3. Bromisovalum 295 ⊡ Figure 5.2 HPLC chromatograms for blood extracts in the presence and absence of bromisovalum and IS. The concentration of bromisovalum spiked into whole blood was 5 µg/mL. Assessment and some comments on the methods > Figure 5.2 shows HPLC chromatograms for whole blood specimens, which had been extracted with an Extrelut column. The peaks of bromisovalum and IS appeared at 3.77 and 6.22 min, respectively, without any interfering peak. The calibration curve showed excellent linearity in the range of 0.1–10 µg/mL; recovery rates were 60–80 %. When ethenzamide is used as IS, it appears before bromisovalum; when 2-bromohexanoylurea is used as IS, it ap- pears after phenytoin. By extraction with Extrelut or Sep-Pak C18, there is occasionally a case in which bromisovalum is not separated from other basic drugs, when they are ingested simul- taneously. By the liquid-liquid extraction, the basic drugs can be removed efficiently; but col- oration of the organic phase takes place to some extent, when whole blood is analyzed. > Figure 5.3 shows an HPLC chromatogram of the extract of rat plasma obtained 2 h after intraperitoneal administration of bromisovalum (30 mg/kg) [5]. Because of the different HPLC conditions, the retention times were somewhat different; but a de-bromo-metabolite (3-methyl butyrylurea) appeared before ethenzamide. As over-the-counter drugs containing bromisovalum, Rislon (100 mg bromisovalum per tablet, Sato Pharmaceutical, Tokyo, Japan) and Wutt (83 mg bromisovalum, 50 mg apronalide and 8.3 mg diphenhydramine hydrochloride per tablet, Itami Pharmaceutical, Shiga, Japan) can be mentioned. Apronalide ( > Figure 5.1) contained in Wutt appears at 5.07 min under the present HPLC conditions and thus can be an indicator of ingestion of Wutt. In some analgesic-antipyretics, bromisovalum is also contained together with acetamino- phen and ethenzamide. Therefore, when bromisovalum is detected, various possibilities of concomitant ingestion of other drugs should be taken into consideration.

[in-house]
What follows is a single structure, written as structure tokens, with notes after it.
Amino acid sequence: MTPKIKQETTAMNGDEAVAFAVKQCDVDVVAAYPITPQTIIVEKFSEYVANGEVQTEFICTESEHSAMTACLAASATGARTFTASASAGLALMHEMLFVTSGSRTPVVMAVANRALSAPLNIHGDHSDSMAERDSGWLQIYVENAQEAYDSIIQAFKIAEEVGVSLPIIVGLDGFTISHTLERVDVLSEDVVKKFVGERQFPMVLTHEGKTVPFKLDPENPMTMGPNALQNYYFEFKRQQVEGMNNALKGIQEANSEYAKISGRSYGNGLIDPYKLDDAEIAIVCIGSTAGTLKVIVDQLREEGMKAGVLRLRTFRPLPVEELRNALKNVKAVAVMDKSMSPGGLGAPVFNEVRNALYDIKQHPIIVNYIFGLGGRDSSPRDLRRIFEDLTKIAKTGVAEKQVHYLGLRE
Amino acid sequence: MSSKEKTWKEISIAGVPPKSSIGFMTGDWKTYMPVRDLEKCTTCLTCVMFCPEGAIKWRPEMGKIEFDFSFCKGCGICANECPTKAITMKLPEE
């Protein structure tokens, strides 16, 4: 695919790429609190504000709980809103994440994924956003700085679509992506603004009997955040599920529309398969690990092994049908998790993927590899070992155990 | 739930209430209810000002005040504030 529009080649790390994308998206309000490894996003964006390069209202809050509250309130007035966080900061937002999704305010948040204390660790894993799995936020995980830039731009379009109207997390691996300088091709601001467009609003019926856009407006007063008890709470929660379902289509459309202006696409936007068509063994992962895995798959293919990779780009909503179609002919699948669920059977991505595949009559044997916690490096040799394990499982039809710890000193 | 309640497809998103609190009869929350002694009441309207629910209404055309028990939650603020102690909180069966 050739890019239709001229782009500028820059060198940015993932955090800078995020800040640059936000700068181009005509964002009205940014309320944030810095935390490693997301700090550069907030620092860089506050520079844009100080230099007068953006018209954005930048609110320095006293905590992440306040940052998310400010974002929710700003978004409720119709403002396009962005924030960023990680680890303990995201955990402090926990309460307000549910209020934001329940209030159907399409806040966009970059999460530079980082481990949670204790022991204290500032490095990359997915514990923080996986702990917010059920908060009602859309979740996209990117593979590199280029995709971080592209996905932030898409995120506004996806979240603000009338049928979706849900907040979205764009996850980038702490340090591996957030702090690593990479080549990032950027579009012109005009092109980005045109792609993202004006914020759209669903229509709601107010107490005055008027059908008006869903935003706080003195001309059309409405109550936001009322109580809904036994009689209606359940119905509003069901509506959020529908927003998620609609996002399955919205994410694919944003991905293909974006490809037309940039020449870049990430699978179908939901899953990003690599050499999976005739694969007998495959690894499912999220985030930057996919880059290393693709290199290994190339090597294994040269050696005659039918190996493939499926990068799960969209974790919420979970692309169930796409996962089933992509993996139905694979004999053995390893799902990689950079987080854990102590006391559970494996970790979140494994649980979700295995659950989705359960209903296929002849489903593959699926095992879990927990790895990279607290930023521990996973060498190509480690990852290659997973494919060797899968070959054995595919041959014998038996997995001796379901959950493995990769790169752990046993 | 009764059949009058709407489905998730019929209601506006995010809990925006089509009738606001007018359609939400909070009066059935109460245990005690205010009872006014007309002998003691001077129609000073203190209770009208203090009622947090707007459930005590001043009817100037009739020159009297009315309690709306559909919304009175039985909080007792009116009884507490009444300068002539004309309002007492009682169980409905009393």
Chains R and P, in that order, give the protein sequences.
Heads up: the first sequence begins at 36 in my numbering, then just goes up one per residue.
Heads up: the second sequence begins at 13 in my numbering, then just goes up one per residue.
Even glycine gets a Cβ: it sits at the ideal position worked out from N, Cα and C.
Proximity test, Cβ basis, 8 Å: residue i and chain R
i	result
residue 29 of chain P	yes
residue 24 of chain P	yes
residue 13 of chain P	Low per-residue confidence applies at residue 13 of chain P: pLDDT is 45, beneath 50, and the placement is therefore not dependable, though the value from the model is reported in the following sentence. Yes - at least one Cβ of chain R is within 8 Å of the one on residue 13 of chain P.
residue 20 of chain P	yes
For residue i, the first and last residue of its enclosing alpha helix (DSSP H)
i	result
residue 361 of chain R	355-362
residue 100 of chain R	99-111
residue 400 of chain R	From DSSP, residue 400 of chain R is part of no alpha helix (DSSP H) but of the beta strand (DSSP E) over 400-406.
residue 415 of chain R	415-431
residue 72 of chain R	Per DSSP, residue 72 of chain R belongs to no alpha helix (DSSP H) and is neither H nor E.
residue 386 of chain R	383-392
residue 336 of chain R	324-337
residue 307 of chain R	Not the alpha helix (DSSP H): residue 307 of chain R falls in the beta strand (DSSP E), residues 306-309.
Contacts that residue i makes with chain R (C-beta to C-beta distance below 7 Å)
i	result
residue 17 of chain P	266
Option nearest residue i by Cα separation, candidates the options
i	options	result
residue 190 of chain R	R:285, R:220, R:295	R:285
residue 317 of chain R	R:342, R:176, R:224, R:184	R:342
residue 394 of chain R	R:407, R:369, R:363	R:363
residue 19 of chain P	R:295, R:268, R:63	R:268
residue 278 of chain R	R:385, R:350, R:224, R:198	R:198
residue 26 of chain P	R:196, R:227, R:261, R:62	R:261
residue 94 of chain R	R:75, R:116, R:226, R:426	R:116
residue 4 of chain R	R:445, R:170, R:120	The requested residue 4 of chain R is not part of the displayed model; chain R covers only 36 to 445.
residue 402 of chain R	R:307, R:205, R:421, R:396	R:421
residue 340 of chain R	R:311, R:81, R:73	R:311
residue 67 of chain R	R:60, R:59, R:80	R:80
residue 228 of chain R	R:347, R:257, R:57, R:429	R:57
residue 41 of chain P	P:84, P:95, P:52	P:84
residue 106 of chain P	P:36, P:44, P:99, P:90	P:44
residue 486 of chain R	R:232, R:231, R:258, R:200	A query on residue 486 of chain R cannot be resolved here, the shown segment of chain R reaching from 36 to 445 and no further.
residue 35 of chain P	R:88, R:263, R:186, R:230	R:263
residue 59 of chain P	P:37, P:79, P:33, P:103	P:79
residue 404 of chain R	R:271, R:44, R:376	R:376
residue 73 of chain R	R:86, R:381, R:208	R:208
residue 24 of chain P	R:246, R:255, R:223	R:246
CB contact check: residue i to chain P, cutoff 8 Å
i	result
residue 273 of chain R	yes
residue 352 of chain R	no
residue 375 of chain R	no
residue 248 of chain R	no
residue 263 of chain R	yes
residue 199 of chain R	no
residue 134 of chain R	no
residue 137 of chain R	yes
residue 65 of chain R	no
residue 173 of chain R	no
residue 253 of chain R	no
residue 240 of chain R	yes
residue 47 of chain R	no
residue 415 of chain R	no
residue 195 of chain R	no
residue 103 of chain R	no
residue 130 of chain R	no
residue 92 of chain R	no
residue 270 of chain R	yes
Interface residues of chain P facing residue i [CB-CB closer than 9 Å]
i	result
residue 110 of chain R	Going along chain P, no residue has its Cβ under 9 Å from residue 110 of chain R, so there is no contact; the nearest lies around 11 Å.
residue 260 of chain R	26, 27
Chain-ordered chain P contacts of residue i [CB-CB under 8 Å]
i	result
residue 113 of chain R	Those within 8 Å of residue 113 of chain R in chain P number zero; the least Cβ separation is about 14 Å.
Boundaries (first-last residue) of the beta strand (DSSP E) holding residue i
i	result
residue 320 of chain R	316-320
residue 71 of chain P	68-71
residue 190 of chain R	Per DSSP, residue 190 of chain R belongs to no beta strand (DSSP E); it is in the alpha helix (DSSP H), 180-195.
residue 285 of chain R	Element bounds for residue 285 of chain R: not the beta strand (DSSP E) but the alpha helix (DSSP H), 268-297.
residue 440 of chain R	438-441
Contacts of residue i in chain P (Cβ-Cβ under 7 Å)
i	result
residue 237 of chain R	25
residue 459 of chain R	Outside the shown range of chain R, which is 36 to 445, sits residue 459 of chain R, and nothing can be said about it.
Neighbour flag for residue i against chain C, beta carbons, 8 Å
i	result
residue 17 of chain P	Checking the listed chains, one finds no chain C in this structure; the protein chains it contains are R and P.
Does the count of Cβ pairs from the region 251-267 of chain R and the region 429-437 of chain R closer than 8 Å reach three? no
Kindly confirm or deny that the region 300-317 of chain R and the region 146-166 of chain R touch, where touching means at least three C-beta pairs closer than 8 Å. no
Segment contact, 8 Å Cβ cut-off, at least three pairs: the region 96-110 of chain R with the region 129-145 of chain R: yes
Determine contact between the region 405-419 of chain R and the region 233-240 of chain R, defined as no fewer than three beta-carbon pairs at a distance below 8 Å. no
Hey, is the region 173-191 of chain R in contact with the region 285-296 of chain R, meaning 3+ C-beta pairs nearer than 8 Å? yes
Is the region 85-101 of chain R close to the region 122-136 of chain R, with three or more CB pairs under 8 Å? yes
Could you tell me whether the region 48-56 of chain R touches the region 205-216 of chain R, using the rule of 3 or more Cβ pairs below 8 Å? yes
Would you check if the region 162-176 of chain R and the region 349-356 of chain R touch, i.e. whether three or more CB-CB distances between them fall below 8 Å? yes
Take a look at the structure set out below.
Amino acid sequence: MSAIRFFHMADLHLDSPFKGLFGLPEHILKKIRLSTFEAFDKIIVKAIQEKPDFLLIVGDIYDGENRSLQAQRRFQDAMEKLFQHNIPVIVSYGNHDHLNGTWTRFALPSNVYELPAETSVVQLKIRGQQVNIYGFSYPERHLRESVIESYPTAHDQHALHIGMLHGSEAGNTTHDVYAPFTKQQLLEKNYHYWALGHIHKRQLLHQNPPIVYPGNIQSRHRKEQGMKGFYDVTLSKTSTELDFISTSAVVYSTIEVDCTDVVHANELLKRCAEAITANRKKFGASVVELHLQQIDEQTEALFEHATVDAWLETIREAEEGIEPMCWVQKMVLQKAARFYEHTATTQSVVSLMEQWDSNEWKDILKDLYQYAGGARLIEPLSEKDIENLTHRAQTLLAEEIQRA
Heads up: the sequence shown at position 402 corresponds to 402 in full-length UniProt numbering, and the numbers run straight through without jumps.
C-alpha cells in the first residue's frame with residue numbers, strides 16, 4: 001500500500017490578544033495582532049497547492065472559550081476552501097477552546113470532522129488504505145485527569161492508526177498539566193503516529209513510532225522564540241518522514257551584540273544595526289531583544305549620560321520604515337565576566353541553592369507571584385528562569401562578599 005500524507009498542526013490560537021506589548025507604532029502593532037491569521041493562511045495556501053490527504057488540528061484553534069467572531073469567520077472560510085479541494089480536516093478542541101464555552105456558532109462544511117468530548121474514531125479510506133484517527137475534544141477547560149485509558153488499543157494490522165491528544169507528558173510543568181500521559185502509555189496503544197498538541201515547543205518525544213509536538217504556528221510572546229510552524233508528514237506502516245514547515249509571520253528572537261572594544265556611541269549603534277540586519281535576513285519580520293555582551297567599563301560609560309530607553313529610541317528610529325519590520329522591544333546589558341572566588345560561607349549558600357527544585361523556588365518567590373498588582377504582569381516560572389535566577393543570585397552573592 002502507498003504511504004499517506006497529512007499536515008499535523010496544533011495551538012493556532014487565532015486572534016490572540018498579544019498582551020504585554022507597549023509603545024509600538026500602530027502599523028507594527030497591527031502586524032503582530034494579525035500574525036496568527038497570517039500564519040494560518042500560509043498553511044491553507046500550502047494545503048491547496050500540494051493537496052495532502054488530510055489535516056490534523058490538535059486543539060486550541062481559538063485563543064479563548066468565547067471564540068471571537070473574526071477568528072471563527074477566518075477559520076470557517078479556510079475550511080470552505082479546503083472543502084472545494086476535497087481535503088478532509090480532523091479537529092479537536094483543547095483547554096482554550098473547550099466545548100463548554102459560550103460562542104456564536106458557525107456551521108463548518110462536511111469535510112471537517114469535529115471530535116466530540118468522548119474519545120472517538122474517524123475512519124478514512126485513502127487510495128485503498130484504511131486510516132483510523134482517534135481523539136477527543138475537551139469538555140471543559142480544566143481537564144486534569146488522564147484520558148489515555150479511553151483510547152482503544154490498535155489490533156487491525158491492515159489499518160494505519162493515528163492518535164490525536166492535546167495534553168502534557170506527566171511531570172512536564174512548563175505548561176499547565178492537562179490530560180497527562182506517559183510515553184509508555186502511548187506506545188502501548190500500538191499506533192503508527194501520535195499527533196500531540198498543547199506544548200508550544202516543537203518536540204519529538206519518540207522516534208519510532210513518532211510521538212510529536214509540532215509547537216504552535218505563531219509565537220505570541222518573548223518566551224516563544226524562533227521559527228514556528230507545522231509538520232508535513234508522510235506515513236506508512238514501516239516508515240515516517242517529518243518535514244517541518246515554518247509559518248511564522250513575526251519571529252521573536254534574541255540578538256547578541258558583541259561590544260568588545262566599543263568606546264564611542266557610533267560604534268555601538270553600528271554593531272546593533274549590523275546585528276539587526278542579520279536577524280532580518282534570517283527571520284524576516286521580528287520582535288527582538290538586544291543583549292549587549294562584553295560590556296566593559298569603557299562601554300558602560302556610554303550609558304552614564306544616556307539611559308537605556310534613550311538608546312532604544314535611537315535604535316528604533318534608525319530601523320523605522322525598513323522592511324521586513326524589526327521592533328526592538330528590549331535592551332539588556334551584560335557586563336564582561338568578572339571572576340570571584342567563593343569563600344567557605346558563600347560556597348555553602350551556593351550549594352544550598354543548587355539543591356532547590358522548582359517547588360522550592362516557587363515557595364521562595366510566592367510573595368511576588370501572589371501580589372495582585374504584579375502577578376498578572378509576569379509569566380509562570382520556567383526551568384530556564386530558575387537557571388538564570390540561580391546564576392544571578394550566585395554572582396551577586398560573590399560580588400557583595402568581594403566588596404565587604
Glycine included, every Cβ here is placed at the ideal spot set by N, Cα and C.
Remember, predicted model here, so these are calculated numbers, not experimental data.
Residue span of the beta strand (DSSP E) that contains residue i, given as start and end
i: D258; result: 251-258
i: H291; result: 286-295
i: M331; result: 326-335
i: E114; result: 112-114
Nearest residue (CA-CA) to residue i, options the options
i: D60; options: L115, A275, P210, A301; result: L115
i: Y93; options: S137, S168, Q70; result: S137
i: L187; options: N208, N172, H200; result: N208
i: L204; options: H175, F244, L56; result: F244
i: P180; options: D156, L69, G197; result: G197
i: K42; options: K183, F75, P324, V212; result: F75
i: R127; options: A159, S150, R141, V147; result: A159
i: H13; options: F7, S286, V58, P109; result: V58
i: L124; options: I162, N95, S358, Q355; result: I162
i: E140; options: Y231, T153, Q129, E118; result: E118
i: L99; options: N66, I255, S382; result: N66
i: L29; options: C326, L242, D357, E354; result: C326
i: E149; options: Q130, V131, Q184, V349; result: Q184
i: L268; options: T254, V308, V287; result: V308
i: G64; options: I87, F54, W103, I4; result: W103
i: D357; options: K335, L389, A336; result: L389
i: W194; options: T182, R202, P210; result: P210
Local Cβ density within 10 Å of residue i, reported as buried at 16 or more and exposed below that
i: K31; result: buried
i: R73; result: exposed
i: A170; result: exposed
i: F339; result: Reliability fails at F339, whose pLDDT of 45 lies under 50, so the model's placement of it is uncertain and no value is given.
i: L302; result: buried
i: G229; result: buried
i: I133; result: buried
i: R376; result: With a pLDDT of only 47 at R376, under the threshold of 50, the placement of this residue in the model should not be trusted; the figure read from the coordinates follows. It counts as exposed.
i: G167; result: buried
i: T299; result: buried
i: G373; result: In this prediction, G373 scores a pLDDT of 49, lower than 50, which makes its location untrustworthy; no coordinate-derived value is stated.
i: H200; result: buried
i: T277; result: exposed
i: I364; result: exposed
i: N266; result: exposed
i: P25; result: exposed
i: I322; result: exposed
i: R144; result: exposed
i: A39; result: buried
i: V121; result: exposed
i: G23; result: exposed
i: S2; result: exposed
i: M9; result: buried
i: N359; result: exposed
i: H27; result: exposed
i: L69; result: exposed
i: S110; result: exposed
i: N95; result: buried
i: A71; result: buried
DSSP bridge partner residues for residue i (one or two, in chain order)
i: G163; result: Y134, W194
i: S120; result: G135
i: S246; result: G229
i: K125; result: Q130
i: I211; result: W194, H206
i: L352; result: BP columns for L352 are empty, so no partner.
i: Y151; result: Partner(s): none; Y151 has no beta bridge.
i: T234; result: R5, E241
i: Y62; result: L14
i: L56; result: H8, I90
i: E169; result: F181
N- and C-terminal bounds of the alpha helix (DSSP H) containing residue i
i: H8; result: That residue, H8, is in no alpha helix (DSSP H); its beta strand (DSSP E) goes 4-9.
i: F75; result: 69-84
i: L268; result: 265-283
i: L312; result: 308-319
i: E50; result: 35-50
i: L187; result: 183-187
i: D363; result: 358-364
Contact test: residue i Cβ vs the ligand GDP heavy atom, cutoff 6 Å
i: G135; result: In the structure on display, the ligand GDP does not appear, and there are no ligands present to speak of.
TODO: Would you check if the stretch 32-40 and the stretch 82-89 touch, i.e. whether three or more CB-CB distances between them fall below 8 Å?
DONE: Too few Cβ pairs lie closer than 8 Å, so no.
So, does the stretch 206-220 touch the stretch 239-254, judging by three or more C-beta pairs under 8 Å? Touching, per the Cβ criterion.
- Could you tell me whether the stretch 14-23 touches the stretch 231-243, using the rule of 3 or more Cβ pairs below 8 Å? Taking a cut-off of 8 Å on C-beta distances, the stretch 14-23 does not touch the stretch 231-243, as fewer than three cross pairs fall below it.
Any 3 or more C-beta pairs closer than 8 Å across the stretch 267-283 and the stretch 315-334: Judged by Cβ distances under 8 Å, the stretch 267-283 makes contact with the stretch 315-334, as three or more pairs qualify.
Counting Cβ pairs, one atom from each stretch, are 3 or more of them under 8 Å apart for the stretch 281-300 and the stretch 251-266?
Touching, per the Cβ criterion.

4. 296 Bromisovalum ⊡ Figure 5.3 HPLC chromatogram for the extract of rat serum obtained 2 h after intraperitonal injection of bromisovalum (30 mg/kg). HPLC conditions; column: Symmetry Shield RP18, 15 cm × 4.6 mm i. d., particle diameter 3.5 µm, Waters; mobile phase: acetonitrile/8 mM KH2PO4 solution (35:65, v/v); detection wavelength: 210 nm; flow rate: 0.4 mL/min. Toxic and fatal concentrations Fatal blood bromisovalum concentrations in poisoning with bromisovalum only were reported to be 44.0–93.8 µg/mL by Hishida [10], 67–134 µg/mL by Maguchi [11] and 114 µg/mL by Kojima et al. [12]. In the fatal cases of multiple drug ingestion, blood bromisovalum concentra- tions were reported to be 37 µg/mL by Terada et al. [13], 23.6 µg/mL by Matsubara et al. [14], and 31.5 and 40.8 µg/mL by Yashiki et al. [15]. Poisoning cases Many cases of poisoning by bromisovalum were reported. In this section, representative clinical and medicolegal cases are presented. a) Cases in clinical toxicology [16] Case 1: a 26-year-old male ingested more than 3 g bromisovalum and his consciousness level was 300 (Japan Coma Scale) on arrival at a hospital. His clinical blood tests were: the maxi-